After a long period in which monetary policy has led markets, the baton has (at least in part) passed back to politicians over the last few months. After the surprise Trump election, yesterday saw the constitutional reform vote in Italy fail. Although expected, the margin of victory and strong turnout underscored a resounding loss for Prime Minister Renzi.
Moving 6,500km east, last week saw the first data release since India’s “demonetisation” (see details below). It is still too early to judge the impact of this measure and opinion is firmly split. On the one side, a number of economists have taken a negative view. They highlight:
– Short-term disruption of removing 86% of paper currency in an economy where 98% of transactions by volume and 68% of transactions by value are in cash.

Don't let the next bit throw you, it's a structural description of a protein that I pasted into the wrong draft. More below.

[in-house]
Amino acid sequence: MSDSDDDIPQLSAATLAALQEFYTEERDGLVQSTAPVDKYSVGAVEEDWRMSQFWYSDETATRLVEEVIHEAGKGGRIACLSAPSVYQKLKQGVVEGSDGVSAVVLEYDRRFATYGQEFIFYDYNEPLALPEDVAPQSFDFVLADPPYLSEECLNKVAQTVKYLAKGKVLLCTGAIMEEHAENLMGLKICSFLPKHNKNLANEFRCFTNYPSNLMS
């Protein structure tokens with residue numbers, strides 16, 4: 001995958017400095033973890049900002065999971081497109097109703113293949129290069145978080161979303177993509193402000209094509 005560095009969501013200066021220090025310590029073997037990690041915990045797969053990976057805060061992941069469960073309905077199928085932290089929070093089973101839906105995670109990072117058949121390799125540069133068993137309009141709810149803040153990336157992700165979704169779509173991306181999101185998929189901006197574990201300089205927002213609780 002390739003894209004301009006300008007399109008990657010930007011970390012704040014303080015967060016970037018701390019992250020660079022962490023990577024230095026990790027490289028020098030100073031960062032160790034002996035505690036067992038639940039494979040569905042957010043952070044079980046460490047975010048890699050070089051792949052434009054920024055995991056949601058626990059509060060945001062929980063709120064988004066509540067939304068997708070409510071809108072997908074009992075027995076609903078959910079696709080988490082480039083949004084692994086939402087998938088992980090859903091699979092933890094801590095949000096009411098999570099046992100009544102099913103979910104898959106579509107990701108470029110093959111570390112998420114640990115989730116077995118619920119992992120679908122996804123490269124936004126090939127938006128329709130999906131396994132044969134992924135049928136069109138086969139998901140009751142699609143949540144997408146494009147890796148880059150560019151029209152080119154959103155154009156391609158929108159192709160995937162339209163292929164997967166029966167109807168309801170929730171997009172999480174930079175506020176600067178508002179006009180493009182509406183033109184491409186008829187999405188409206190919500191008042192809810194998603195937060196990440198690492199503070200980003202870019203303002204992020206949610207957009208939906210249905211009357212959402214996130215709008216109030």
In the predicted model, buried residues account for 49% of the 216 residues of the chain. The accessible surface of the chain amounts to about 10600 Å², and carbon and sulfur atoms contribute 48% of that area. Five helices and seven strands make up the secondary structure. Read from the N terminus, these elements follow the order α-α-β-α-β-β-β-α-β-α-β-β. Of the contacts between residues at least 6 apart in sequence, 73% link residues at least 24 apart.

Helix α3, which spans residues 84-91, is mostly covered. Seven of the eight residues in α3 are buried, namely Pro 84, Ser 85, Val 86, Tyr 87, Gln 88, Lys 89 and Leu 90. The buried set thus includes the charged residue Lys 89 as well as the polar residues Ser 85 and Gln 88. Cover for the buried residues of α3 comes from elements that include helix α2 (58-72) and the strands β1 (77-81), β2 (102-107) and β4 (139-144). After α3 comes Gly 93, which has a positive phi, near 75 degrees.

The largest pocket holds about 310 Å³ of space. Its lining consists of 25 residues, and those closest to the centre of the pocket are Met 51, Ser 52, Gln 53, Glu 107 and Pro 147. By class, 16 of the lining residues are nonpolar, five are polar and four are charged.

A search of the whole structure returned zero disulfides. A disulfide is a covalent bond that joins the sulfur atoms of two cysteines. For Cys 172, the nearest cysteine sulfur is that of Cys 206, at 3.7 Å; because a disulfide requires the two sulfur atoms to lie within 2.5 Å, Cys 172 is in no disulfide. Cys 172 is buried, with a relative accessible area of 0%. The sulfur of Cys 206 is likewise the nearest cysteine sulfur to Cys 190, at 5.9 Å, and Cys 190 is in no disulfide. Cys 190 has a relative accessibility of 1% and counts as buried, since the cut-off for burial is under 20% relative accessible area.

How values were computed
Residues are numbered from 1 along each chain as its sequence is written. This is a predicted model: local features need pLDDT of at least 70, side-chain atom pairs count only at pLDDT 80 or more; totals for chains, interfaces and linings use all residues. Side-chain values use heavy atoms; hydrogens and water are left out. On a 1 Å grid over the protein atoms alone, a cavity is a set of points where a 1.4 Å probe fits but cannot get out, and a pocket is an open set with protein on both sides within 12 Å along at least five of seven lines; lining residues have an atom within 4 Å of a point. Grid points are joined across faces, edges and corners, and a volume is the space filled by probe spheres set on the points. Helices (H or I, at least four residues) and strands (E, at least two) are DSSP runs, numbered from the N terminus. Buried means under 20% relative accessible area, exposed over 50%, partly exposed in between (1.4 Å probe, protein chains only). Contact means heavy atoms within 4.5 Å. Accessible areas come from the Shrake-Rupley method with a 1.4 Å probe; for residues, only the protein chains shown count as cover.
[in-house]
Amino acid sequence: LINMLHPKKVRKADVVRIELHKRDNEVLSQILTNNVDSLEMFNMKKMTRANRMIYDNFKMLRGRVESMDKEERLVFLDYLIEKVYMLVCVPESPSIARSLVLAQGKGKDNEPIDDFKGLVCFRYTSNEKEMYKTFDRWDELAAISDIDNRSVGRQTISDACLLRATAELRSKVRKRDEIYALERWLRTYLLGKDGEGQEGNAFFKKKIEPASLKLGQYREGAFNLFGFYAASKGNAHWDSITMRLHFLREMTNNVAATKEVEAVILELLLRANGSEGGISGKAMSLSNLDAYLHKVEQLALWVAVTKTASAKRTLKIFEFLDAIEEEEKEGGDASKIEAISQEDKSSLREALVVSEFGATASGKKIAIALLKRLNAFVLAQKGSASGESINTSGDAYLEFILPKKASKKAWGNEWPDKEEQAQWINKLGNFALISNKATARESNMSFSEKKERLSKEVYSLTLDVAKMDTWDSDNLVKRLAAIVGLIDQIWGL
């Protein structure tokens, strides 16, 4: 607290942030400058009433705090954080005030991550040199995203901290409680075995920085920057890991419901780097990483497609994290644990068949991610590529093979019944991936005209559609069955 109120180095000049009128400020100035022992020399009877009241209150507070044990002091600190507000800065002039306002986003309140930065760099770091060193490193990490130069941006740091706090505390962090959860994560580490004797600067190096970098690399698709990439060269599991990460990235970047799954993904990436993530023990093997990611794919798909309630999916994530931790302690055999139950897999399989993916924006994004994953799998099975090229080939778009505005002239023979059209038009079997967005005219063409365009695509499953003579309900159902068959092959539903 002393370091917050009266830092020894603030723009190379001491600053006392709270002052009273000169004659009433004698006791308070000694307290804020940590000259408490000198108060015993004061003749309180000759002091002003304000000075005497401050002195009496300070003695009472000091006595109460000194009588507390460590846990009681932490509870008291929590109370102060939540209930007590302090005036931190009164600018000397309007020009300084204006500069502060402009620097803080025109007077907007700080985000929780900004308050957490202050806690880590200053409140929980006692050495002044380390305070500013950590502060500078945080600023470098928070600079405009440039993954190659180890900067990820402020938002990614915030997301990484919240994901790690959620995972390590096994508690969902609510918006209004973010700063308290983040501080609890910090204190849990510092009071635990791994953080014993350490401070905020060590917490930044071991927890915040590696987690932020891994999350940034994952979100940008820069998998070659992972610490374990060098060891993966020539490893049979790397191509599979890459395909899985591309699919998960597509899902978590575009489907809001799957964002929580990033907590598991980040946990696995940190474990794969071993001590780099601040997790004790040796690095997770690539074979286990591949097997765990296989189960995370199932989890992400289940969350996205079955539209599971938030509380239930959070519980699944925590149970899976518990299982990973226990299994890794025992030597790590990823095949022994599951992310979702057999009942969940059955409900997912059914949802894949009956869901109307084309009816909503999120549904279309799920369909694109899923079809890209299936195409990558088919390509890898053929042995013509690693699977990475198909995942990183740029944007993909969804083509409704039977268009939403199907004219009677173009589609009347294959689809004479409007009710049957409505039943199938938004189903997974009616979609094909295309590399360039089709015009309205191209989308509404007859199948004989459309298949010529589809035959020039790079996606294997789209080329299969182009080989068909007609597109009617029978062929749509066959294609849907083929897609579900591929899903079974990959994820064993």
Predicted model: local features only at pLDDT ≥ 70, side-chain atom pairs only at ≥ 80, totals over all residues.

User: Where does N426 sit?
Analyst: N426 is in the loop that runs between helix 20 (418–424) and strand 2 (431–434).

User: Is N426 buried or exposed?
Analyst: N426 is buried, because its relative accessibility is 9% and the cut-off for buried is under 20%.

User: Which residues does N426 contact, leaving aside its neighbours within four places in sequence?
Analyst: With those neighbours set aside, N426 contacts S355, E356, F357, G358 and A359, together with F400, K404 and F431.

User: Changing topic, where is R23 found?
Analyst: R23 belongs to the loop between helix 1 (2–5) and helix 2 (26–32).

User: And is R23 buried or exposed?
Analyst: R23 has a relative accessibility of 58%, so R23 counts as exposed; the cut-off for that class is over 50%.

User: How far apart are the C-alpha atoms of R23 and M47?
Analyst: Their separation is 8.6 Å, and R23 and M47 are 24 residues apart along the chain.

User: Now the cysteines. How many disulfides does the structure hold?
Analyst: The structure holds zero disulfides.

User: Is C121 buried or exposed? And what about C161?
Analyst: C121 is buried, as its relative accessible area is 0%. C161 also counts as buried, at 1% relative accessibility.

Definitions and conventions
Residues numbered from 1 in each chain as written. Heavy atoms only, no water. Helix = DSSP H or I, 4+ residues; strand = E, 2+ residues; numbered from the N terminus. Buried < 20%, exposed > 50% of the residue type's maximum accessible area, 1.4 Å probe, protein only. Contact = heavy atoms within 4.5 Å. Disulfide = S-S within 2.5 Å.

– Potential ineffective and temporary effect on the black economy of removing relatively low denomination notes (values are roughly USD 7.5 and USD 15 respectively).
– Risk that increased tax revenues are spent inefficiently.
– Monetary tightening as a consequence of a “negative helicopter drop” whereby any notes not deposited with the RBI are cancelled.
– Threat to credibility of government and the currency of such a blunt and sizeable move.
Certainly, we agree demonetisation stands out as bold reform, carrying not insignificant risk. However, we believe much of the criticism fails to take account of the broader context – demonetisation is not occurring in a vacuum:
– Banking penetration has historically been low, but over the last 2 years the government opened 220 million accounts and made some benefits available only through this channel. Although most of these accounts remained otherwise dormant, over the past 3 weeks many have been activated. Therefore, the implementation of demonetisation as a “big bang” has meant that much of the informal sector has had no choice but to go digital. In this way, the process will create permanent change to business practices.